“While these results suggest promise against COVID‑19, experience with chloroquine and hydroxychloroquine should temper institutional interest in similar investigational use of tafenoquine,” said Dr. Nevin. “Patients enrolled in whatever clinical trials may proceed must be informed of tafenoquine’s inherent neurotoxicity and neuropsychiatric liability. Likewise, prescribers should exercise caution against the ill-advised off-label use of either Arakoda®- or Krintafel®-branded tafenoquine, neither of which is FDA-approved for prevention or treatment of COVID‑19.”
Dr. Nevin emphasized the importance of recognizing and properly reporting suspected adverse effects from prophylactic use of quinoline antimalarial drugs if these are used against COVID‑19. “While it may be tempting to attribute anxiety, depression, paranoia, or other mental health symptoms to the psychological effects of the COVID‑19 pandemic,” said Dr. Nevin, “these symptoms, if they occur during attempted use in prevention of disease, may be an early warning sign of idiosyncratic quinoline neurotoxicity. Likewise, more severe neuropsychiatric symptoms observed during or following attempted use of quinolines in treatment of COVID‑19, including confusion or psychosis, may not necessarily be merely neurologic complications of the disease, but may represent potentially lasting adverse effects from the drug.”
Dr. Nevin noted that suspected adverse effects from tafenoquine and related quinoline drugs may be reported to the U.S. Food and Drug Administration’s MedWatch program, at https://www.fda.gov/safety/medwatch-fda-safety-information-and-adverse-event-reporting-program.
About The Quinism Foundation
The Quinism Foundation, founded in January 2018, in White River Junction, Vermont, promotes and supports education and research on quinism, the family of medical disorders caused by exposure to quinoline drugs, including mefloquine, tafenoquine, and chloroquine.
Dr. Nevin is a board-certified occupational medicine and preventive medicine physician and former U.S. Army medical officer and epidemiologist. He is author of more than 30 scientific publications on malaria and the quinoline antimalarials, including “Neuropsychiatric Quinism: Chronic Encephalopathy Caused by Poisoning by Mefloquine and Related Quinoline Drugs,” published in the Springer Nature book, “Veteran Psychiatry in the US.”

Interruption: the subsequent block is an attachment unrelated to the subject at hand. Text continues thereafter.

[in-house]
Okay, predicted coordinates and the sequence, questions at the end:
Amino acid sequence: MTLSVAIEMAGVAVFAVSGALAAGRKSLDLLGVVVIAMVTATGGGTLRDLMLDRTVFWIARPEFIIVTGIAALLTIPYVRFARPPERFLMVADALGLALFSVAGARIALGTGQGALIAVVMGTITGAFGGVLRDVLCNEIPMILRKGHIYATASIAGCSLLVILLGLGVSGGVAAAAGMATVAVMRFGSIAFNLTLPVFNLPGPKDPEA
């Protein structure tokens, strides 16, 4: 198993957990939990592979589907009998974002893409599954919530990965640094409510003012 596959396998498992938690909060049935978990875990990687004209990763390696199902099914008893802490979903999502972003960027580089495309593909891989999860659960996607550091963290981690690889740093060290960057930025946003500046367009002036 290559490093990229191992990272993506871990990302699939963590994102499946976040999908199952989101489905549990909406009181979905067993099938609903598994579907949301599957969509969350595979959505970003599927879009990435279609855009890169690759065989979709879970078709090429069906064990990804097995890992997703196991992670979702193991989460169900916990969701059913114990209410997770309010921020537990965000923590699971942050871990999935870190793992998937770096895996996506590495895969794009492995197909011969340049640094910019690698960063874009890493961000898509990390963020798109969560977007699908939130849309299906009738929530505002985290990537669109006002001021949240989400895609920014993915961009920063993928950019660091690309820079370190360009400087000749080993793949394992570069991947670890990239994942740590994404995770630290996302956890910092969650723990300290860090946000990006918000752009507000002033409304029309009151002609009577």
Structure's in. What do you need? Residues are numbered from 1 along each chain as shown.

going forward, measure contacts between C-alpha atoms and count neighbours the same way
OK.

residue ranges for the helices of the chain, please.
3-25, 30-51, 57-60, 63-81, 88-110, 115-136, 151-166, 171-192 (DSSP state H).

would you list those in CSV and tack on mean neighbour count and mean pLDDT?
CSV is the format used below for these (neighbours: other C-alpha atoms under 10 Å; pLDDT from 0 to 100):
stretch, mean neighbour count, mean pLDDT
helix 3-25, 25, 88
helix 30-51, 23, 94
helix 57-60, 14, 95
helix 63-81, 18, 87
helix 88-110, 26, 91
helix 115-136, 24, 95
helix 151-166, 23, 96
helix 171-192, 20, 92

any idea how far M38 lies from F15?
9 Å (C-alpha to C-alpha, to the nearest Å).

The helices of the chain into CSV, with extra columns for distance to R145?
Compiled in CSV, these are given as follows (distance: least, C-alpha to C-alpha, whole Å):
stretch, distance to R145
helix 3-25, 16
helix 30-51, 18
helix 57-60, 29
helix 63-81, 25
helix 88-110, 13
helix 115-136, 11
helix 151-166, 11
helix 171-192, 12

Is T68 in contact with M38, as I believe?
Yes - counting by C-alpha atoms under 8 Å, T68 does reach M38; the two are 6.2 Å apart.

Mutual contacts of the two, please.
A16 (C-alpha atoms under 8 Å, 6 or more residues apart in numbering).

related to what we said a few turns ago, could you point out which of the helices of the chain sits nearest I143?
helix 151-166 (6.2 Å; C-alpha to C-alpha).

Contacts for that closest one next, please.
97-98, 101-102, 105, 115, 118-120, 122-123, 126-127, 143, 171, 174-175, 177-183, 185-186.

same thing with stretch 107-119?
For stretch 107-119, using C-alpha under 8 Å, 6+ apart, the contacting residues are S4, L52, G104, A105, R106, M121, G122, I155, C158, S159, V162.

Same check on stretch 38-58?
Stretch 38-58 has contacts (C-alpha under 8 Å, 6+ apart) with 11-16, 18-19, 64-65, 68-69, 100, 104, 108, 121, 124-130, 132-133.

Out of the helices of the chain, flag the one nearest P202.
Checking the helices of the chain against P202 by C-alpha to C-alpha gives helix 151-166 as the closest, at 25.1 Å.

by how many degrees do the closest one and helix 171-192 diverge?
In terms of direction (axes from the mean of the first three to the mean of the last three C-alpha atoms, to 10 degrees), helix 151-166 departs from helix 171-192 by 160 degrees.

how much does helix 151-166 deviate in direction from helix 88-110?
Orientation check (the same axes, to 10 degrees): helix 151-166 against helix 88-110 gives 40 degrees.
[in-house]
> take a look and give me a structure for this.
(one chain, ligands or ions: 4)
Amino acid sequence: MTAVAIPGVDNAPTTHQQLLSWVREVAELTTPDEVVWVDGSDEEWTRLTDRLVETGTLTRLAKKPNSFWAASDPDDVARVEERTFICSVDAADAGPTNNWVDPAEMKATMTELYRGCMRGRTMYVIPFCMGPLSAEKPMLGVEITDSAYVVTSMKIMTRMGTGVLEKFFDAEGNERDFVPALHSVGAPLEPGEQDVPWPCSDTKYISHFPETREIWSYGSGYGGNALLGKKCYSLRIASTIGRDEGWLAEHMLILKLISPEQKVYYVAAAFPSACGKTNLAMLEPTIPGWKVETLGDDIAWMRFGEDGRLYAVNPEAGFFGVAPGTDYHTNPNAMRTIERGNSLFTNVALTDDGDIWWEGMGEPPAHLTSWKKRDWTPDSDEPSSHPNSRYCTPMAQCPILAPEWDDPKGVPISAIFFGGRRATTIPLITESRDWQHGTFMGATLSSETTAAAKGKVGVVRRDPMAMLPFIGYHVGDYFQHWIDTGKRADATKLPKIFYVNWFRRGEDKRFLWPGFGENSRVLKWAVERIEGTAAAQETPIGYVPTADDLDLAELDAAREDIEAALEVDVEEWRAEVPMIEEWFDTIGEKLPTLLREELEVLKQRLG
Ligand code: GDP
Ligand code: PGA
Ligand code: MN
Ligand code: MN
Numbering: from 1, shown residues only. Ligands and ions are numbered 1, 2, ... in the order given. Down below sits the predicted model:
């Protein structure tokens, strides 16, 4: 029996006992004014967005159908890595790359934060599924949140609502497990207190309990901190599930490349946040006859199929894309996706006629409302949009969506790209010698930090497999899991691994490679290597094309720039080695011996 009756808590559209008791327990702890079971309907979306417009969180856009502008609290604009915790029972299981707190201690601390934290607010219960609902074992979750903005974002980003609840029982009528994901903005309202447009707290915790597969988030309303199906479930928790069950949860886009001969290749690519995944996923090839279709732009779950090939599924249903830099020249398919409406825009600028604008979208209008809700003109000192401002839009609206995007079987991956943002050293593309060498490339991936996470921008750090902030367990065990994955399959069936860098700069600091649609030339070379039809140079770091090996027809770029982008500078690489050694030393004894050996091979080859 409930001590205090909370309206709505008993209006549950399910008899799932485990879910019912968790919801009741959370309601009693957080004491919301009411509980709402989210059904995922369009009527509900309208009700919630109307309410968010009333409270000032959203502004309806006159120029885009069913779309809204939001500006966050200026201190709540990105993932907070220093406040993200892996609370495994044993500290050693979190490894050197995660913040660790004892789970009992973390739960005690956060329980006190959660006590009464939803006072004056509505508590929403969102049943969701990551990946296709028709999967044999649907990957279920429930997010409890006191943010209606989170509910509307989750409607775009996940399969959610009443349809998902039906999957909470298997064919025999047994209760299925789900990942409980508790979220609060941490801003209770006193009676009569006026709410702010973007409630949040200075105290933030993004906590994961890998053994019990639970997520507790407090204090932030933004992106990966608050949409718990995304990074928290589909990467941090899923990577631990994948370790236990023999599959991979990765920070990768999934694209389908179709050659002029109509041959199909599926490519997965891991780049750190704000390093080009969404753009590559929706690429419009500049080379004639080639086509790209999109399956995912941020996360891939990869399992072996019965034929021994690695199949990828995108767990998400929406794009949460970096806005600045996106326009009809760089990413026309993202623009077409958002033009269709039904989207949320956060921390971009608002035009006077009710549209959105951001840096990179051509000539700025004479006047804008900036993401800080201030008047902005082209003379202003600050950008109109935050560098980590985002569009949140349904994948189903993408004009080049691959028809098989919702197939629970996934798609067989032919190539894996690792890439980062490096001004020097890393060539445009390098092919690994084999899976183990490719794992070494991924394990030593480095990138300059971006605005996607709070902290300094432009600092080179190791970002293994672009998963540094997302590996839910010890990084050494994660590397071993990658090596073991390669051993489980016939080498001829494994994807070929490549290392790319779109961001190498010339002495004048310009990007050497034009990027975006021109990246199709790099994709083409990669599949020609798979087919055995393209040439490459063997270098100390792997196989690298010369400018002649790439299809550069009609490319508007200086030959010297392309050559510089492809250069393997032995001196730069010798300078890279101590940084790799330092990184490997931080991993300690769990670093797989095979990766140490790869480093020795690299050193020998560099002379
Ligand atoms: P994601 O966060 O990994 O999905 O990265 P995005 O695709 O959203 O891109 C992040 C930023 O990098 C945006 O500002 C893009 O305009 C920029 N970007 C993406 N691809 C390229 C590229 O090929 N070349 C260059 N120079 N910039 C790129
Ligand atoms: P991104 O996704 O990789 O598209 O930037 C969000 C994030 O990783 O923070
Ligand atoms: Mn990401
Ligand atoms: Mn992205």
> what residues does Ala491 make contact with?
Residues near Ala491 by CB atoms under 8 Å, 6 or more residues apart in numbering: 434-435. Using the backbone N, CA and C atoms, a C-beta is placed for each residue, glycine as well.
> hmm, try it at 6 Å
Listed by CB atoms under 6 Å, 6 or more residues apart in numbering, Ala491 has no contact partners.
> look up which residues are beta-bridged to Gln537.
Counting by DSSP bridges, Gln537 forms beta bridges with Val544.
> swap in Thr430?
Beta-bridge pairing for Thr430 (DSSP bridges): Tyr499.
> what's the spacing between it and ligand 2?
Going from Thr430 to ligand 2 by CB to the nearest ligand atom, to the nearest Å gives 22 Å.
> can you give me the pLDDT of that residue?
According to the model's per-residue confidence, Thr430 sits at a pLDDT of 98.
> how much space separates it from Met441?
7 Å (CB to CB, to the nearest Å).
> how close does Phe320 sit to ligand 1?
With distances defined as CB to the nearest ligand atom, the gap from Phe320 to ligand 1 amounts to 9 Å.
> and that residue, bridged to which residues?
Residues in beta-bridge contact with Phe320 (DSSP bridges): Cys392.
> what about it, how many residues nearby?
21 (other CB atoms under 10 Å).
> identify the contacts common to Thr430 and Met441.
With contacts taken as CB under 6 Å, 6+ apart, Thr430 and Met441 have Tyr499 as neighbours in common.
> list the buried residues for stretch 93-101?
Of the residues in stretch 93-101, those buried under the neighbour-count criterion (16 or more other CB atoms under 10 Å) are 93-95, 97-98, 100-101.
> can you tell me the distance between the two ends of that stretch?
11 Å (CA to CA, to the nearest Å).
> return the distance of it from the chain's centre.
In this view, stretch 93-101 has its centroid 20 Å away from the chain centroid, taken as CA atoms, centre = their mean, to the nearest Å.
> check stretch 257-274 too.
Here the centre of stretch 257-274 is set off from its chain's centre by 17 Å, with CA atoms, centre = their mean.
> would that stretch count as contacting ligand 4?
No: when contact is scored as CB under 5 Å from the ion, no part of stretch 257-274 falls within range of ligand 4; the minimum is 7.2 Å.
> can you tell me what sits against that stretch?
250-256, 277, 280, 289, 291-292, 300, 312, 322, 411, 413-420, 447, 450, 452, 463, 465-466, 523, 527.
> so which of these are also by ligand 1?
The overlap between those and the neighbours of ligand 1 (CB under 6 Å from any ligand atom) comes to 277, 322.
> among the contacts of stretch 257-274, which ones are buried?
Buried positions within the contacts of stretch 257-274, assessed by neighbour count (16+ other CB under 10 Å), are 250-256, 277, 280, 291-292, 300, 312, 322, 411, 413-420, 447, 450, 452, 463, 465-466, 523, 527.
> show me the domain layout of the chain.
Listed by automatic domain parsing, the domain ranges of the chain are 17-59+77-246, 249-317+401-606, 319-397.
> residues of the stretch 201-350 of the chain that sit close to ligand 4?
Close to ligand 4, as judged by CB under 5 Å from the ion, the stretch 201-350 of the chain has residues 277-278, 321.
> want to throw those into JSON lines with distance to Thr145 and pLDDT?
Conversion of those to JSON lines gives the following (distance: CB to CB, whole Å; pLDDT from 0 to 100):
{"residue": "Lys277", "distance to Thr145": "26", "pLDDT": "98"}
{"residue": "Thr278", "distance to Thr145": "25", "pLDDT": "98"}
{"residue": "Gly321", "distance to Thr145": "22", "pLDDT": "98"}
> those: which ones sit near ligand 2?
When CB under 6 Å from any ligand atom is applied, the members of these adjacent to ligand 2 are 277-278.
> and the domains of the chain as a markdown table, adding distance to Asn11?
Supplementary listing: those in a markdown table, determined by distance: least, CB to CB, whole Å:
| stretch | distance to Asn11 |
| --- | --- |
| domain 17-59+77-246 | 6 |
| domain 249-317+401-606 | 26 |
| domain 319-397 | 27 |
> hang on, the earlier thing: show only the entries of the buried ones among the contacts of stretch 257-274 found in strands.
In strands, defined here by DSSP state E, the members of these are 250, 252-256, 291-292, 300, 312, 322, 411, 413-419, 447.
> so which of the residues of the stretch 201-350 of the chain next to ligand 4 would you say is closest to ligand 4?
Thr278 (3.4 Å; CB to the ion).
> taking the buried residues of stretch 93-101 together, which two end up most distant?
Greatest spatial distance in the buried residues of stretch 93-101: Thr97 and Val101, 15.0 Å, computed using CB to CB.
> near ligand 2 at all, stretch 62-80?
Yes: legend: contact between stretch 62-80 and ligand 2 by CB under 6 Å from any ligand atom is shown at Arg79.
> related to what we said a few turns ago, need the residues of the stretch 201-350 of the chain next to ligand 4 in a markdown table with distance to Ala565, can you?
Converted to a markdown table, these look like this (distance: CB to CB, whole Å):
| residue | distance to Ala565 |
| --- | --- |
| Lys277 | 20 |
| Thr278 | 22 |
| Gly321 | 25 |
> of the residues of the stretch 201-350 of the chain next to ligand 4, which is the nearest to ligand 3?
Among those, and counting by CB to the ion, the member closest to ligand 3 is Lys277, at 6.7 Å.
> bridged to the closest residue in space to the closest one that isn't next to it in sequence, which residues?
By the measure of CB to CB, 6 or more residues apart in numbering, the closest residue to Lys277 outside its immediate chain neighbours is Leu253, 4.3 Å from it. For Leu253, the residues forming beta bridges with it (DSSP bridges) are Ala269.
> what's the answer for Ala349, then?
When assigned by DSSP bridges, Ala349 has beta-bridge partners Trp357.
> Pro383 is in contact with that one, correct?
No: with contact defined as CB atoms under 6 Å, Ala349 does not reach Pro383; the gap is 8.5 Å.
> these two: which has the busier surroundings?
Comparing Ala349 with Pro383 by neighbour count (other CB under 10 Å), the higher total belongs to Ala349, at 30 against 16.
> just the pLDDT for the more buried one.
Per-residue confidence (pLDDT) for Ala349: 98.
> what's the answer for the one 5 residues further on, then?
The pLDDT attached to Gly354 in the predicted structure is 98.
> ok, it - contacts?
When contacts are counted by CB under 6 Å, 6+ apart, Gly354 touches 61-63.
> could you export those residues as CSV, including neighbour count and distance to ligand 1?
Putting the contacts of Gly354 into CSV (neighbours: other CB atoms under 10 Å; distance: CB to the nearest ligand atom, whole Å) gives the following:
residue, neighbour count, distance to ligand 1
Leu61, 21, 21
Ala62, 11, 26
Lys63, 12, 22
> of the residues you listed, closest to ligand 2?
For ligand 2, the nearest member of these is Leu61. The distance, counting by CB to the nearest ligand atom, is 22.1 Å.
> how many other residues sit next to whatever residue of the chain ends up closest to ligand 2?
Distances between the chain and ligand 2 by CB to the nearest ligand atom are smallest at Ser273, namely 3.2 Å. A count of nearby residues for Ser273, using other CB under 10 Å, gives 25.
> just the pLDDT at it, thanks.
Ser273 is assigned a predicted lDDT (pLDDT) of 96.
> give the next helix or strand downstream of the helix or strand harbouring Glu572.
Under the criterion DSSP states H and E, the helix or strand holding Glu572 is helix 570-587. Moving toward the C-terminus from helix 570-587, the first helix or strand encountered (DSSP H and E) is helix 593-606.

1. 60 Degrees Pharmaceuticals, LLC. 60 Degrees Pharmaceuticals Announces Positive Results of Cell Culture Testing of ARAKODA® (tafenoquine) for COVID-19. July 14, 2020. Available at: https://www.businesswire.com/news/home/20200714005355/en/60-Degrees-Pharmaceuticals-Announces-Positive-Results-Cell
2. Dow GS, Dc W, Fenner J, Yeo KR. Tafenoquine inhibits replication of SARS-Cov-2 at pharmacologically relevant concentrations in vitro. 2020. bioRxiv 2020.07.12.199059. Available at: https://doi.org/10.1101/2020.07.12.199059
3. Vincent MJ, Bergeron E, Benjannet S, et al. Chloroquine is a potent inhibitor of SARS coronavirus infection and spread. Virology journal. 2005;2:69.
4. Yao X, Ye F, Zhang M, et al. In Vitro Antiviral Activity and Projection of Optimized Dosing Design of Hydroxychloroquine for the Treatment of Severe Acute Respiratory Syndrome Coronavirus 2 (SARS-CoV-2). Clinical infectious diseases. 2020. In press. doi:10.1093/cid/ciaa237
5. Nevin RL. Neuropsychiatric Quinism: Chronic Encephalopathy Caused by Poisoning by Mefloquine and Related Quinoline Drugs. In: Ritchie EC, Llorente MD, eds. Veteran Psychiatry in the US. Cham: Springer International Publishing; 2019:315-331.
6. 60 Degrees Pharmaceuticals. Arakoda (tafenoquine) Prescribing Information. August 2018. Available at: https://www.accessdata.fda.gov/drugsatfda_docs/label/2018/210607lbl.pdf
7. Agboruche RL. 529.3 In-Vitro Toxicity Assessment of Antimalarial Drug Toxicity on Cultured Embryonic Rat Neurons, Macrophage (RAW 264.7), and Kidney Cells (VERO-CCl-81). FASEB Journal. 2009;23(1 Meeting Abstract Supplement):529.3.